The Assad administration’s normalization continues to polarise the GCC. Placed upon the present geopolitical events, the substantial diplomatic resources have expended to foster the regional issue, and the overarching wish for long-term peace, the Gulf monarchies are unlikely to escalate the issue over Syria’s regime or administrations, risking their newly replaced unification. The collective objective of developing security and stability won over centrifugal inclinations and zero-sum approaches, boosting the GCC’s most defining facet: its members’ ability to maintain the least consensus on similar objectives.
On the international scene, the Syrian administration still needs more validity. The United States and European states have played little to discourage their Middle Eastern partners from normalizing relations with President Assad. Yet, they want to maintain Syrian sanctions barring the regime attempts to find a political solution to the civil war based on U.N. Security Council Resolution 2254. Arab governments will also be increasingly vulnerable to sanctions from the West as they attempt to benefit from lucrative rebuilding projects and increased commercial interactions with Syria. With this fact, GCC countries actively participating in Assad’s rehabilitation will likely tread cautiously between calibrated involvement on illustrative matters.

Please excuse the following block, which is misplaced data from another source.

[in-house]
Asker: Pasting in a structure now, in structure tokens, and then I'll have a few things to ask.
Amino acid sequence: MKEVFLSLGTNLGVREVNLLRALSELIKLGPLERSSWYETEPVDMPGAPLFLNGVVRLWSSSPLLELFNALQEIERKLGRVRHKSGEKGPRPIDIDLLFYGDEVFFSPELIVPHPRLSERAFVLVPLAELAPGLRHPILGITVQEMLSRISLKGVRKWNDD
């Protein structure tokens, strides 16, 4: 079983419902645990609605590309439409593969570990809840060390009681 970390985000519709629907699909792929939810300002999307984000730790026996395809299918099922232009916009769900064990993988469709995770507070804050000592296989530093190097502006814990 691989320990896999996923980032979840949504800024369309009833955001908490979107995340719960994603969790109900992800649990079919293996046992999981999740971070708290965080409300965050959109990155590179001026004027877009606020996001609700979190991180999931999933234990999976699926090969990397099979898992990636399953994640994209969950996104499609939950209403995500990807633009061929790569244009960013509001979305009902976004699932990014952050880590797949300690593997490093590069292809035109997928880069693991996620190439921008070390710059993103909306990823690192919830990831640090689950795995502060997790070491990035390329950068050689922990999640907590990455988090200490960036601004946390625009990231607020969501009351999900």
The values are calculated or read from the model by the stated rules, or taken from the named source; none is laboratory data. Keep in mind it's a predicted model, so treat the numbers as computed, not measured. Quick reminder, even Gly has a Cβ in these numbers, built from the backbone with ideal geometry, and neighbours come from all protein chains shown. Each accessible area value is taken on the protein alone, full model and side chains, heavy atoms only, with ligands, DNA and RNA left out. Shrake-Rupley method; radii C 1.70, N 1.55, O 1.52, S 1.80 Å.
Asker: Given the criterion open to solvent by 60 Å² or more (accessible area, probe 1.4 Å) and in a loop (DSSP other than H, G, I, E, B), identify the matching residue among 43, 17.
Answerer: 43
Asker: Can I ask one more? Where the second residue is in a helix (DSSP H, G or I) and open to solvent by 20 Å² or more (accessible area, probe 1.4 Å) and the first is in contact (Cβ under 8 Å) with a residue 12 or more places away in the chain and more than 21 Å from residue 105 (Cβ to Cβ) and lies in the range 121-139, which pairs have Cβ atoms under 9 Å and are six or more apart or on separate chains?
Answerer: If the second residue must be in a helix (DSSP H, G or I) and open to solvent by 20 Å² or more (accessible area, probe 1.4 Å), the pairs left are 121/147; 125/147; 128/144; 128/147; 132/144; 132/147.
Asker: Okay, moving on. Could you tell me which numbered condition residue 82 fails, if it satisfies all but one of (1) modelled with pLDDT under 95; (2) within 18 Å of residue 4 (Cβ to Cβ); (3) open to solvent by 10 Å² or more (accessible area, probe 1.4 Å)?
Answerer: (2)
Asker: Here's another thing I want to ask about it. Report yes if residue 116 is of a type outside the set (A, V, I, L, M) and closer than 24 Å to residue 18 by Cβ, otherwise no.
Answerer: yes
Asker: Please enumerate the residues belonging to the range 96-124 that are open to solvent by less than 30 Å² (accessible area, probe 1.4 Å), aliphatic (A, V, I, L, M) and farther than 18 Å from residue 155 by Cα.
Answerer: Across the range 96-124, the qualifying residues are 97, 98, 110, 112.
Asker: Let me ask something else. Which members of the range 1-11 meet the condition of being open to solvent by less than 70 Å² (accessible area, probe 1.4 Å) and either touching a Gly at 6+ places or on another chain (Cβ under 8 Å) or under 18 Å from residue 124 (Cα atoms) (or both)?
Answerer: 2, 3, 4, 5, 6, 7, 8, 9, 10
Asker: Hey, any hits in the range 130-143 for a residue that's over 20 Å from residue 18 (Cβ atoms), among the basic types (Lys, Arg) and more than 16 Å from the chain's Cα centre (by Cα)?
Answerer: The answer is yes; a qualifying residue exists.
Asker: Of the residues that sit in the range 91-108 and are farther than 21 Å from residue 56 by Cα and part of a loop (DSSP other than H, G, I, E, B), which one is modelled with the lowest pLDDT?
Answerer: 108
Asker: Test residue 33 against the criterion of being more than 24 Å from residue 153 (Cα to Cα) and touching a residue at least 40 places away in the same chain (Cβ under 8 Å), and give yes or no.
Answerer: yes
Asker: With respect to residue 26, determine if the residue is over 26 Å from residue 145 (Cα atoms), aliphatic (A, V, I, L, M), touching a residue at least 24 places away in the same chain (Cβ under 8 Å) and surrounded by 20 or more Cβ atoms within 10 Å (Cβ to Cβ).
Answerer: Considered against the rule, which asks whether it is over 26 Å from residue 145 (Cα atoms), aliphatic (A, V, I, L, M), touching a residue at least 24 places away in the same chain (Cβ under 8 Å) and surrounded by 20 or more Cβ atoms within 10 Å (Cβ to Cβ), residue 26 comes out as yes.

Finally, the present rush of diplomatic engagement in the Middle East reflects an increasing vigor by regional geopolitical factors to retake importance in their area. However, it is unknown to how degree the Arab governments are willing to reintegrate the Assad administration fully, this collaborative endeavour represents a novel age in the Middle East in which soothing discourse and equally useful collaboration has limtied direct conflict and competition. Lastly, opposing viewpoints and principal apprehnsions remain a significant feature of GCC politics, as evidenced by Qatar’s strong anti-Assad stance, the Gulf states have shown a solid determination to sectionalize defiance and follow a pacifist regional approach with regional states.